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The only available red fabric dye in 1748 was made of madder root, which can be processed to produce a brilliant red dye (used historically for British soldiers' jackets).
A regulation of May 4, 1927 once again states that Danish merchant ships have to fly flags according to the regulation of 1748.
In 1741 it is confirmed that the regulation of 1690 is still very much in effect; that merchant ships may not use the Splitflag.
At the same time the Danish East India Company is allowed to fly the Splitflag when past the equator.
The size and shape of the civil ensign ("Koffardiflaget") for merchant ships is given in the regulation of June 11, 1748, which says: A red flag with a white cross with no split end. The proportions are thus: 3:1:3 vertically and 3:1:4.5 horizontally.
The flag became popular as national flag in the early 19th century.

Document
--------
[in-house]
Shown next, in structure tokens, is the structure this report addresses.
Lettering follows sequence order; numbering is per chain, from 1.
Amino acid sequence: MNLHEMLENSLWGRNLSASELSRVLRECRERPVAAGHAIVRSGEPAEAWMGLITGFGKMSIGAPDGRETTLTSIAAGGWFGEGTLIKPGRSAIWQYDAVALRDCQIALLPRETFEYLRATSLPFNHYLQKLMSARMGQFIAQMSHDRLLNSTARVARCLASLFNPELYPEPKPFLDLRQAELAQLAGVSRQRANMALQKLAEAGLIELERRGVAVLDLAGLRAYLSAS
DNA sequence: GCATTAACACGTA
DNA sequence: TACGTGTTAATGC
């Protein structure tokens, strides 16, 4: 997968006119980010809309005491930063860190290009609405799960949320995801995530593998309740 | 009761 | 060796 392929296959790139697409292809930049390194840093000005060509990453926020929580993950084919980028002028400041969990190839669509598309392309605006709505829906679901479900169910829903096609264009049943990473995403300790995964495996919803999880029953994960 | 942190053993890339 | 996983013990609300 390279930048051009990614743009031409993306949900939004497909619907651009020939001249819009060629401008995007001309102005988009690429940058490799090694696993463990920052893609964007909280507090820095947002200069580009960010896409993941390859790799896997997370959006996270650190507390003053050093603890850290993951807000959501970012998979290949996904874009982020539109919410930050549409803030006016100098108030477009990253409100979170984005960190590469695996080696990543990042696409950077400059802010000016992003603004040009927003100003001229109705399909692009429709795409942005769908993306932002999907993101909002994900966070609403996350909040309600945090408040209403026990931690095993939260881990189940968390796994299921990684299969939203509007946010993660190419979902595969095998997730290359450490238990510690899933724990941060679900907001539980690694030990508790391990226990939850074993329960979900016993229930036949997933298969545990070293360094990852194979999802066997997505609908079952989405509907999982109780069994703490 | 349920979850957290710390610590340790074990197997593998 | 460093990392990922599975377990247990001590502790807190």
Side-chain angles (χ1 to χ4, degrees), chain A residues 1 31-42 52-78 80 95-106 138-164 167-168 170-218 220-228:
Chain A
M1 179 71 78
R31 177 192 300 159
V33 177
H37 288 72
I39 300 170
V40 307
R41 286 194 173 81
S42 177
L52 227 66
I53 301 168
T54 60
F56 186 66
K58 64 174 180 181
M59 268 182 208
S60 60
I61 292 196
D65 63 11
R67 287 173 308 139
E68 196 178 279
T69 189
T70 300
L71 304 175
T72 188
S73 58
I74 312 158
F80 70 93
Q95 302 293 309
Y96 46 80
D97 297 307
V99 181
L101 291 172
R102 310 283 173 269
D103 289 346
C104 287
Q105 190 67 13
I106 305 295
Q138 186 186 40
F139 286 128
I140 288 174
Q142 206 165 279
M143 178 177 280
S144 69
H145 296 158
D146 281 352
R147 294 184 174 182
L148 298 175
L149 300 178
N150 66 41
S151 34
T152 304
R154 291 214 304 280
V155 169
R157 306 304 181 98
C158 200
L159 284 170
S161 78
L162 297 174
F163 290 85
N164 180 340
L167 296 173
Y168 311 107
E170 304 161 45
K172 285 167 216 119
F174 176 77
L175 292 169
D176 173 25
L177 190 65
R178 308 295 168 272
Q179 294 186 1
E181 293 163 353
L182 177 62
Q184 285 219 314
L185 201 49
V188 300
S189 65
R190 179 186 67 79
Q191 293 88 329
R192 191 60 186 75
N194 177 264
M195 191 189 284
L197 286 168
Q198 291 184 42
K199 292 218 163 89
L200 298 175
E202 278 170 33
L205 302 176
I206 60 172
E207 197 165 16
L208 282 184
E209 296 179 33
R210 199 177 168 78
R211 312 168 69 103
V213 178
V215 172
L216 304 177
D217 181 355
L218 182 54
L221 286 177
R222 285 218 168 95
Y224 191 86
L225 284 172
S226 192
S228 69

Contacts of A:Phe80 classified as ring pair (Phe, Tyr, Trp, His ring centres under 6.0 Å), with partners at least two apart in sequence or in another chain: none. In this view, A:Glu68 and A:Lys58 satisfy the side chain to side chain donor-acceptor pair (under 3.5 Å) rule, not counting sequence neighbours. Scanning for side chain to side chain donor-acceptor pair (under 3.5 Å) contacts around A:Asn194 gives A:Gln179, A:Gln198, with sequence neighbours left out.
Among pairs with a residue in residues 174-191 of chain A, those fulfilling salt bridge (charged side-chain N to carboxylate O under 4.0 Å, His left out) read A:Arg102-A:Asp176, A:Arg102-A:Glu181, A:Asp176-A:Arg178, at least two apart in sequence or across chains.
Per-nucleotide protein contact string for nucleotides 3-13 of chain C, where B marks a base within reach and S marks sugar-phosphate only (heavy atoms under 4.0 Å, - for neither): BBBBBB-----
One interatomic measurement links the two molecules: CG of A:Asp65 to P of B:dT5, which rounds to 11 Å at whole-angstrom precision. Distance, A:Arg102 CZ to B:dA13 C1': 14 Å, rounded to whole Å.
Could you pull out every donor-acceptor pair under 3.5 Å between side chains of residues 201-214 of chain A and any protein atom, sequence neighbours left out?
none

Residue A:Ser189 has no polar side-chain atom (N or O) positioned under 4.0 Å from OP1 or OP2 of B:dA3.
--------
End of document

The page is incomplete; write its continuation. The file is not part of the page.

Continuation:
Its private use was outlawed in 1834, and again permitted in a regulation of 1854.
This definition are the absolute proportions for the Danish national flag to this day, for both the civil version of the flag ("Stutflaget"), as well as the merchant flag ("Handelsflaget"). A regulation passed in 1758 required Danish ships sailing in the Mediterranean to carry the royal cypher in the center of the flag in order to distinguish them from Maltese ships, due to the similarity of the flag of the Sovereign Military Order of Malta.
According to the regulation of June 11, 1748 the colour was simply red, which is common known today as "Dannebrog rød" ("Dannebrog red").